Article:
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Wealth Advisory & Planning

July 12, 2022

Can Cryptocurrency Be Held in Retirement Accounts?

It seems like every day there is news about cryptocurrency, and often lots of it. As these digital assets become more familiar to us, the question arises whether they can be held inside a retirement account1. We explore the rules for both an individual retirement account (IRA) and a 401(k) plan; however, no opinion is expressed as to the soundness or prudence of such investments.

Individual retirement accounts

Households with IRAs have eight times the median financial assets of households without IRAs, according to the Investment Company Institute. By the end of 2019, there was over $11 trillion in IRA accounts, representing more than 34% of dedicated retirement assets. To answer our cryptocurrency question as it relates to IRAs, however, we need to separate it into two parts:

401(k) plans

As of June 30, 2021, there was over $7.3 trillion in 401(k) plans, according to ICI Research. Thus, such plans constitute the second most widely held form of retirement assets. Can one own cryptocurrency in these plans?

Unlike defined benefit plans, 401(k)s are employer-provided defined contribution plans. As such, they are funded with cash. Thereafter, the employee is entitled to select investments from a menu of employer-approved investment allocations. However, unlike IRAs, there are not express statutory guidance on prohibited assets. Instead, the IRC provides that an investment menu must have at least three investment options, “each of which is diversified and has materially different risk and return characteristics” (IRC §401(a)(35)(D)). Thus, the answer is that cryptocurrency is permitted so long as it meets the diversification requirement.

Employer liability considerations

There are two aspects surrounding potential employer liability for cryptocurrency in 401(k) plans — investment losses and plan design.

  • If an employee selects an allocation that declines in value, can the employee sue the employer? The short answer is no; the employer is not a guarantor of investment success. ERISA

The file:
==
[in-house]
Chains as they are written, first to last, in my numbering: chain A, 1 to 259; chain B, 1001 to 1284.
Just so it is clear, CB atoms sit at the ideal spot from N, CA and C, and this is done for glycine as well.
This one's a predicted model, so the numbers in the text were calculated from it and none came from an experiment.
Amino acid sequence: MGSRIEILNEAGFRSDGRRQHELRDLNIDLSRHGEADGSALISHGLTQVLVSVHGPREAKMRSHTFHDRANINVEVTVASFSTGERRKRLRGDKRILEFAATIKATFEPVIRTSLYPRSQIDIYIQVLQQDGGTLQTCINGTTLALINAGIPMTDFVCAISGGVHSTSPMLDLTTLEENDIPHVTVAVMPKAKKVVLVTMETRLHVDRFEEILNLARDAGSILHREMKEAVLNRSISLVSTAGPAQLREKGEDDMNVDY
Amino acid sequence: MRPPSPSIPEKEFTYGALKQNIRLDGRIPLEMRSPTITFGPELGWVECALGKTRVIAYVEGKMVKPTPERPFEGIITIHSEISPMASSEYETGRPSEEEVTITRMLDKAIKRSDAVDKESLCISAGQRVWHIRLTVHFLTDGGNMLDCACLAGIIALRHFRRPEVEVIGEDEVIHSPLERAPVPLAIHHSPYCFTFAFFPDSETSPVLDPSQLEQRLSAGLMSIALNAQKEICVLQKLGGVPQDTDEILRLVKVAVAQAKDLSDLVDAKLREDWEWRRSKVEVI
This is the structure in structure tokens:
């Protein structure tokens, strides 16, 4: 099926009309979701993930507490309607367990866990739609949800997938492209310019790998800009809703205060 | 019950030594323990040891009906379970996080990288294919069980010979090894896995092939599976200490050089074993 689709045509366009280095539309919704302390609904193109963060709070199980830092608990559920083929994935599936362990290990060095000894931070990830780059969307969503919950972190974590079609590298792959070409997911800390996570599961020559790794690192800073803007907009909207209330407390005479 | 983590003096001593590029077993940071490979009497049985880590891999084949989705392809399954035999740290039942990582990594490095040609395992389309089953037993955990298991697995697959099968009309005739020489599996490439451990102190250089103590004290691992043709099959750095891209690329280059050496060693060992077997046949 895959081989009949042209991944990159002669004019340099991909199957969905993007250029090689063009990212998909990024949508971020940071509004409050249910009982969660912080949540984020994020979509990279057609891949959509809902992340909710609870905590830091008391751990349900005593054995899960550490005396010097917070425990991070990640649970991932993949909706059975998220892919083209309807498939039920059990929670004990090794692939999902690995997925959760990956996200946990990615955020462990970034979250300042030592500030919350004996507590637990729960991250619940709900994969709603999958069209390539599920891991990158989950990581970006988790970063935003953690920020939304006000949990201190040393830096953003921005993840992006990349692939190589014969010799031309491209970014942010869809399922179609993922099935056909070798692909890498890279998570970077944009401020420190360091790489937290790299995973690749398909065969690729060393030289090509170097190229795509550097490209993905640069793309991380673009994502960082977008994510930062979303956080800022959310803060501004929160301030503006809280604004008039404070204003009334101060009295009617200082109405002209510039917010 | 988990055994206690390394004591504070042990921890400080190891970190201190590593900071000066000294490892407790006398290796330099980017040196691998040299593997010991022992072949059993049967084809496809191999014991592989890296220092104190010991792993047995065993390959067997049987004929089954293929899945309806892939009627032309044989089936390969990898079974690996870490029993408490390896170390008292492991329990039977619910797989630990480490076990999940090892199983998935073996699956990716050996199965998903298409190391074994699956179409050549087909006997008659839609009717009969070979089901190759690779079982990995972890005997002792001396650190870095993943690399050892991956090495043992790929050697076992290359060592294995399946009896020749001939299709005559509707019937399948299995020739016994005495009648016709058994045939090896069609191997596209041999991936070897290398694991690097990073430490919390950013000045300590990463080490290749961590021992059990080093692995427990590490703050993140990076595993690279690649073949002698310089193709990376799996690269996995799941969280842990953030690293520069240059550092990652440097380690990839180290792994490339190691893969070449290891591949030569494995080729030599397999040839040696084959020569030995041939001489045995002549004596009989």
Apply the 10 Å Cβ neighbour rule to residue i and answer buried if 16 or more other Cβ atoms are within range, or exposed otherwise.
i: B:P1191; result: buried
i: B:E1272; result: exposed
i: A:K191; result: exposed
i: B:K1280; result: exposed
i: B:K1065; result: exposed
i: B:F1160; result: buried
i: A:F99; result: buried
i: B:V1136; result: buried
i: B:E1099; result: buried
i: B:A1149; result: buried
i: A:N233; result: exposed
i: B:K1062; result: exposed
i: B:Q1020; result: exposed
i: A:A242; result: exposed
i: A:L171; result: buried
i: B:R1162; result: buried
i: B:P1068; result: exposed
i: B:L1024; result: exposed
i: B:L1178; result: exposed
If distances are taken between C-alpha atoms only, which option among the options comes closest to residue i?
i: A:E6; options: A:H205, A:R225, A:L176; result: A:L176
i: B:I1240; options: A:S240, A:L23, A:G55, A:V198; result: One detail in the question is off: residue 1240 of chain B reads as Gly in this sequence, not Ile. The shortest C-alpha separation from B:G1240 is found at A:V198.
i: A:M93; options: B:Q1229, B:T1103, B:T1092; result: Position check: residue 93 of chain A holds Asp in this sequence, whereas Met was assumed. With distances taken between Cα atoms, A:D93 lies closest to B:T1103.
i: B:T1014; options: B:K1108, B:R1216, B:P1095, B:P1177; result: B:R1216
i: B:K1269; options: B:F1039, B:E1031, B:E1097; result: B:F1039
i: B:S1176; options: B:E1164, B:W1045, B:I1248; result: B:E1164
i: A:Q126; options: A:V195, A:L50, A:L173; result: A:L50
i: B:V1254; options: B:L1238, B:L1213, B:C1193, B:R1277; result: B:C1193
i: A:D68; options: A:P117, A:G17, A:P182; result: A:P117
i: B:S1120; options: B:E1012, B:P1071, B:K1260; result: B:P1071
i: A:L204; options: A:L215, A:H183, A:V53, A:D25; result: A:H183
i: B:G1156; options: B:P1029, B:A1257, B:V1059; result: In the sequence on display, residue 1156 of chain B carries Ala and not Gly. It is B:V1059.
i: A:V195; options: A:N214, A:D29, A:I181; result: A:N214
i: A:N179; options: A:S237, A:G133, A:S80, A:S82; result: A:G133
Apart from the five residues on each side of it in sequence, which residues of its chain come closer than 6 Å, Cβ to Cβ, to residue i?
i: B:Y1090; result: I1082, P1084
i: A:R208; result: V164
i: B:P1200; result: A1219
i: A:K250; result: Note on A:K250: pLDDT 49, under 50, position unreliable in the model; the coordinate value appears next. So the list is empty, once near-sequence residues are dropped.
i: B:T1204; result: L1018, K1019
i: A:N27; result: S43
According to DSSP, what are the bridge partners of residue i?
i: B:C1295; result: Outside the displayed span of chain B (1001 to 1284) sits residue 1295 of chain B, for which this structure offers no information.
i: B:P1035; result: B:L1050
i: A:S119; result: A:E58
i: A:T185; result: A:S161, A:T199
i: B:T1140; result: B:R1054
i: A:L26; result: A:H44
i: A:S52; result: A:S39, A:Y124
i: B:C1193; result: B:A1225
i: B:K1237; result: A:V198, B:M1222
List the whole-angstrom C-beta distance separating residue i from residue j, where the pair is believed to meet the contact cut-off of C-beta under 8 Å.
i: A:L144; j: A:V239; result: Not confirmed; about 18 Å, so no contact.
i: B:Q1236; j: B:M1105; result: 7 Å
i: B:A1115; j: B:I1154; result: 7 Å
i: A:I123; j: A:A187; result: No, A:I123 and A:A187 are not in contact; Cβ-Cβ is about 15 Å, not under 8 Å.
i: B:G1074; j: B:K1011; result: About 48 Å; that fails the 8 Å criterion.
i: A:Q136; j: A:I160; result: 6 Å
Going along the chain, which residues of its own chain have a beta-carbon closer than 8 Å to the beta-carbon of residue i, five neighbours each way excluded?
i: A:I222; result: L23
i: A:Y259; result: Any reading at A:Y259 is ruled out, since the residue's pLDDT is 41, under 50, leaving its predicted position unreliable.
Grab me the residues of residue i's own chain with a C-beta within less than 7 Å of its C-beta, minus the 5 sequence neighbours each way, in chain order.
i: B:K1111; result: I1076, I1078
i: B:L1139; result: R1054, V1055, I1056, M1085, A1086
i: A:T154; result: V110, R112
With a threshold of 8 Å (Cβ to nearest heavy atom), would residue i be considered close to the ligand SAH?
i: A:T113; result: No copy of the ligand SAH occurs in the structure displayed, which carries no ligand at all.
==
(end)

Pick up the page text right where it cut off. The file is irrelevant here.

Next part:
§ 404(c) limits fiduciary liability for individual investment decisions when a participant exercises control over the assets in his or her account.
  • In contrast, the employer does have a fiduciary duty to prudently select and monitor investment alternatives. ERISA
    § 404(a)(1)(B) requires plan fiduciaries, including employers, to act “with the care, skill, prudence and diligence under the circumstances then prevailing that a prudent man acting in a like capacity and familiar with such matters would use in the conduct of an enterprise of a like character and with like aims.” This means that adding an investment allocation to the plan structure (or failing to monitor it) is something for which the employer may be held accountable if doing so (or failing to do so) is found imprudent. Whether a cryptocurrency allocation option is prudent depends on a number of factors, including the other investment choices.

Other concerns

Beyond prudence and the above analysis regarding legality, numerous risks and other factors are worthy of consideration, including but not limited to:

  • Cybersecurity (plan sponsors may not have blockchain expertise).
  • Fees (such as custodial and exchange) may be higher than some mutual funds and exchange-traded funds.
  • Legal uncertainties, such as bankruptcy of an exchange. The Securities and Exchange Commission now requires a disclosure that crypto assets are not insured or guaranteed by any government or government agency and the legal risks in the event of a financial event such as bankruptcy (Staff Accounting Bulletin No. 121, 17 CFR 211). Depending on the exchange’s business structure, there is the potential that bankruptcy might convert “owners” into general unsecured creditors.


So, the ultimate answer as to the legality of cryptocurrency in the two major forms of retirement accounts is clear — one can hold cryptocurrency inside a retirement account. However, what is not answered is whether one should. If you are interested in learning more, please reach out to your Glenmede Relationship Manager.

1 Direct ownership of such assets versus indirect ownership (e.g., through a mutual fund or exchange-traded fund).

2 Certain precious metals are excluded: gold, silver and platinum coins, coins issued by any state, as well as gold, silver, platinum and palladium bullion of certain fineness, but only if the custody of a U.S. trustee (U.S. bank or financial institution), IRC §408(m)(3((A), (B).


This presentation is intended to provide a review of issues or topics of possible interest to Glenmede Trust Company clients and friends and is not intended as investment, tax or legal advice. It contains Glenmede’s opinions, which may change after the date of publication. Information obtained from third-party sources is assumed reliable but is not verified. No outcome, including performance or tax consequences, is guaranteed, due to various risks and uncertainties. Clients are encouraged to discuss anything they see here of interest with their tax advisor, attorney or Glenmede Relationship Manager.